Play / Stop

21 April – 24 June 2012

Carol Rama. Böse Zungen

With Carol Rama (born 1918), the Kunsthalle Düsseldorf is organising the first institutional exhibition in the Rhineland for one of the most extraordinary artists of her generation. The oeuvre of the Italian artist, who was awarded the Golden Lion for her life’s work at
the 2003 Venice Biennale, is characterised by a radical breaking of taboos. Her dealings with the body and sexuality in her openly sexual watercolours from the 1930s anticipate themes that became important for action and body artists of the 1960s and 1970s. Her sensitive, often ironic drawings, collages, object pictures and watercolours, which the artist continues working on today, are equally shocking and
elegant, rebellious and eccentric. Personal memories and early familial burdens, sexual notions and all kinds of everyday fetishising objects, myths and the present merge into a cosmos of its own in Carol Rama’s work that mirrors tendencies in post-war modernism but has preserved its own strong sense of individualism.

The exhibition understands itself as a solo presentation that is nevertheless thematically linked to the Yüksel Arslan (born 1933) retrospective that is simultaneously on show at the Kunsthalle Düsseldorf. A presentation of a selection of the early drawings by the Montenegrin artist Dado (1933-2010) is also being planned. Despite the idiosyncratic nature of these three oeuvres and their very different artistic vocabularies, they do overlap to some extent in terms of themes and pictorial worlds, making it sensible to present them in a joint context: the obsessive and unfathomable, motifs of dreaming, playing, sexuality, violence and dismemberment, the body as fragment and fetish.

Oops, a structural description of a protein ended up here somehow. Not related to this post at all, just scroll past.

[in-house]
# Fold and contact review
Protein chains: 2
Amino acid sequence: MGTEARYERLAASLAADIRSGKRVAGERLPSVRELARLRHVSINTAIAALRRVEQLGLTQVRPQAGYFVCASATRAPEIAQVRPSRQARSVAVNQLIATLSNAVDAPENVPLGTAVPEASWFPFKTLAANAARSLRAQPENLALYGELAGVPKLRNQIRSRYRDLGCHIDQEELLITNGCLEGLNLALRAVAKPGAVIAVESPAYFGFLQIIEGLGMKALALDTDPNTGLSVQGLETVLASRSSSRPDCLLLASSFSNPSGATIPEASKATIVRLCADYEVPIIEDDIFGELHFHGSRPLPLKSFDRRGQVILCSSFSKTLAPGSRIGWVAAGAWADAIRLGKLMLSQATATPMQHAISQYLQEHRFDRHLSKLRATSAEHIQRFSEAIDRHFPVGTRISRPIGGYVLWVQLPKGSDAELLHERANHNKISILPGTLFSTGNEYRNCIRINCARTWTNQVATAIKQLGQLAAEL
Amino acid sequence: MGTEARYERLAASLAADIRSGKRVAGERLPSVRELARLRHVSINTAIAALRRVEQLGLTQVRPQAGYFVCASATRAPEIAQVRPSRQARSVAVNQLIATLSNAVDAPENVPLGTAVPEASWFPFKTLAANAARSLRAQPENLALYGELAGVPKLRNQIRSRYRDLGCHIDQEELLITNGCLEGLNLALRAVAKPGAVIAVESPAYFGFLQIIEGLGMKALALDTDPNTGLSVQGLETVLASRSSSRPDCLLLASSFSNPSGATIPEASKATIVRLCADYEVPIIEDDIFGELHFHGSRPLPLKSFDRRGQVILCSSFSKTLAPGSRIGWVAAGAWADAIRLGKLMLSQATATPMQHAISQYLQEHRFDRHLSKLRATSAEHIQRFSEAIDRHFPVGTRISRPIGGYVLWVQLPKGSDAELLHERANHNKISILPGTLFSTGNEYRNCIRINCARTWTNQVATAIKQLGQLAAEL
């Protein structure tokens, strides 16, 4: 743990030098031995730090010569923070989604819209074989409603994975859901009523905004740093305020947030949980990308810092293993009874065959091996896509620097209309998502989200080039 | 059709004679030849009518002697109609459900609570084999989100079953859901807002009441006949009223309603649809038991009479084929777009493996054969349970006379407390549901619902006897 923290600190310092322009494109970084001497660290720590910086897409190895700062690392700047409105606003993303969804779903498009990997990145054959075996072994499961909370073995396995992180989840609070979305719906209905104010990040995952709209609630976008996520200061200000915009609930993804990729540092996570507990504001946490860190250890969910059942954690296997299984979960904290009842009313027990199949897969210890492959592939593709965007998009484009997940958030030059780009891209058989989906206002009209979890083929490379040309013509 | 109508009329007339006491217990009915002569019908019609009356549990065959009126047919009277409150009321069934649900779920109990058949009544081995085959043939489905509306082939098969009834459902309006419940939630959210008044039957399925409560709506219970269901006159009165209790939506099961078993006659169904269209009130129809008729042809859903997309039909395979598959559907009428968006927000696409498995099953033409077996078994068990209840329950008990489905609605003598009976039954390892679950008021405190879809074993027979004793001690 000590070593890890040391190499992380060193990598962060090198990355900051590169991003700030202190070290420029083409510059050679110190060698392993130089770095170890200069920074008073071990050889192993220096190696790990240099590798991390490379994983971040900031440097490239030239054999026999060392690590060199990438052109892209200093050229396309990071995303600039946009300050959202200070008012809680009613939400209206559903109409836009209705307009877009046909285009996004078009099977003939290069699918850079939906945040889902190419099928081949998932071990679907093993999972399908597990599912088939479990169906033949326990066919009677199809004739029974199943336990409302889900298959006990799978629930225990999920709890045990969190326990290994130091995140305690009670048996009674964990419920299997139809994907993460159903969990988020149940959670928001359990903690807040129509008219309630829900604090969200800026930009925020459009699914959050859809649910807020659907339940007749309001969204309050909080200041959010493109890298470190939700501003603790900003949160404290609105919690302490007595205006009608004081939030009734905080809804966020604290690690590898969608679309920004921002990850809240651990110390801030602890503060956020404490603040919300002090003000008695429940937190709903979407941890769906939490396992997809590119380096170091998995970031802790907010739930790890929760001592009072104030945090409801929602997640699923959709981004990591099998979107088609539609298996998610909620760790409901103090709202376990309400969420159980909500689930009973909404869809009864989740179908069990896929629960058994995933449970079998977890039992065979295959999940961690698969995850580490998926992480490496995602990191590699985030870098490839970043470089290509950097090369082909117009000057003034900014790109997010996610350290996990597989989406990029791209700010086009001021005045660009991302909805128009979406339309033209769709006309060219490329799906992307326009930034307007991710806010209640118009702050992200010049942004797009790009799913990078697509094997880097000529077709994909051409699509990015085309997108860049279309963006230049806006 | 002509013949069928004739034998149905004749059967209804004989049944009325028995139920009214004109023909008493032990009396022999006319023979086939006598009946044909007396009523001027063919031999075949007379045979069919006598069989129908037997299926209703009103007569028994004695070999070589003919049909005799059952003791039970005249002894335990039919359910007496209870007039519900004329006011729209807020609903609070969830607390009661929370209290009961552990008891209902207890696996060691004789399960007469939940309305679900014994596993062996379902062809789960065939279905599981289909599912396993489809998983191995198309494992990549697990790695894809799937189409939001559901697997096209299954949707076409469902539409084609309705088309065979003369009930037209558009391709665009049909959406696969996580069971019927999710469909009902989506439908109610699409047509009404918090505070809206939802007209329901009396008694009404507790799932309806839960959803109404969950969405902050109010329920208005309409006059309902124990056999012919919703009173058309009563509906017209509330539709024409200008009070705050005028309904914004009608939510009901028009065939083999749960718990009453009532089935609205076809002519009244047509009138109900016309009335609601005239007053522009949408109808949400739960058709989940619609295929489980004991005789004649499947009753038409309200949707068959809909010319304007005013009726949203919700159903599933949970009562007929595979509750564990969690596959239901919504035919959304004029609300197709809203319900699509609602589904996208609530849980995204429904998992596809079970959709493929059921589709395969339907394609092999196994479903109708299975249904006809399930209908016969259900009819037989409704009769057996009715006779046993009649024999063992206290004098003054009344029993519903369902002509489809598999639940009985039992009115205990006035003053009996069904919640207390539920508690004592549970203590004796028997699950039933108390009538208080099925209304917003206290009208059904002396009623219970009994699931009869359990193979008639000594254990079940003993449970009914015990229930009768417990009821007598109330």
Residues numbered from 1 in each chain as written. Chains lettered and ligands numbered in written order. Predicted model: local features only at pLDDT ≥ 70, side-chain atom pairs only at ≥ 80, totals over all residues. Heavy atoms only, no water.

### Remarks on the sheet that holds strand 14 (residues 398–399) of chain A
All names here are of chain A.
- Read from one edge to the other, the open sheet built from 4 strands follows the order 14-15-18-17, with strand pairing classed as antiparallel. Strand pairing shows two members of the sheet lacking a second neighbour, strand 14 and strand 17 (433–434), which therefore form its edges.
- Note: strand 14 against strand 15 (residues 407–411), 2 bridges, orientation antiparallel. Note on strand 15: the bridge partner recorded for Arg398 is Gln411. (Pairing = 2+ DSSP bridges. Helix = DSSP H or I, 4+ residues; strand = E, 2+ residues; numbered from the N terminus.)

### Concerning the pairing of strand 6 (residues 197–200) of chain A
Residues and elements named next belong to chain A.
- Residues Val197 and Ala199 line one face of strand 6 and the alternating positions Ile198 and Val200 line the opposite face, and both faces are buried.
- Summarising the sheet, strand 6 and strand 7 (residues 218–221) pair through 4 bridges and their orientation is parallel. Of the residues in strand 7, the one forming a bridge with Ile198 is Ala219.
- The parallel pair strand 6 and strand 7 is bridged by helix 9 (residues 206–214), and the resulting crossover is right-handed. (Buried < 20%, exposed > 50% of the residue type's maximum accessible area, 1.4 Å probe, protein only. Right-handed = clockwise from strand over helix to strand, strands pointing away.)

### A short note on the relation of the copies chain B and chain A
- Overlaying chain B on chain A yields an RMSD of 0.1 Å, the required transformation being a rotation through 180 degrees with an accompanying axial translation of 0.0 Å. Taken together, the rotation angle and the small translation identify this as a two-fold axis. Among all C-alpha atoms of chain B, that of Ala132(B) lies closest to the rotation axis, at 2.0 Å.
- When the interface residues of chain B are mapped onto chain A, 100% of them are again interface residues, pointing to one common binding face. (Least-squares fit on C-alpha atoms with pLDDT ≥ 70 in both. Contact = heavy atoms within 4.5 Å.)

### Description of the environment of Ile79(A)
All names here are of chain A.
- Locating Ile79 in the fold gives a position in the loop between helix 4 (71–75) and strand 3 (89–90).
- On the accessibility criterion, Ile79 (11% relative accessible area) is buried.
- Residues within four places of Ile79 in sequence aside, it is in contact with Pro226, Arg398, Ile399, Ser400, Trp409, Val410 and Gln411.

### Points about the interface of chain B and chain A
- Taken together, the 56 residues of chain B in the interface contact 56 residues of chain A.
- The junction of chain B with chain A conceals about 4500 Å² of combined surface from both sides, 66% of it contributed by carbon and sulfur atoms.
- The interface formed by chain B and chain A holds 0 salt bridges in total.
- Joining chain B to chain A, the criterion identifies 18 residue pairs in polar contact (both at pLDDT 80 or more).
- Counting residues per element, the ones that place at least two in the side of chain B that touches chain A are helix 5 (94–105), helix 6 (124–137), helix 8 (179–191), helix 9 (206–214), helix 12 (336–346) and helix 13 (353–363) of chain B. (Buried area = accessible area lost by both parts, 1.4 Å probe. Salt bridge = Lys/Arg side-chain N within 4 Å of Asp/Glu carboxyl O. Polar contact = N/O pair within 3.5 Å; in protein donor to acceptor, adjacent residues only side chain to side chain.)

Carol Rama employed images of “experienced“ objects and fragmented body parts such as shoes, shaving brushes, sets of teeth, tongues and eyes, which she arranged into new, often enigmatic images. She transformed fetishist sexuality, unfathomable fantasies and fears as well as bodily deformations and mutations into a puzzling poetic that is unprecedented in its mixture of naivety and boldness and which
surmounts the Surrealist or Dadaist quotation. In the early 1970s, she discovered rubber as new working material for herself. Wear marks lend painterly qualities to old bicycle tyres, enabling them to tell their own stories as authentic fragments. The resulting collages and sculptures are close to the material sensitivity of Arte Povera, recalling Neo-Dadaist or Neo-Realistic tendencies in their
assemblages of everyday items and Surrealist poetics through the erotic charging of the protruding valves. Carol Rama uses old maps or engineering drawings as the support for her pictures since the early 1990s, the structures of which she contrasts with her own pictures in a recourse to early pictorial inventions.
The exhibition is accompanied by a publication.

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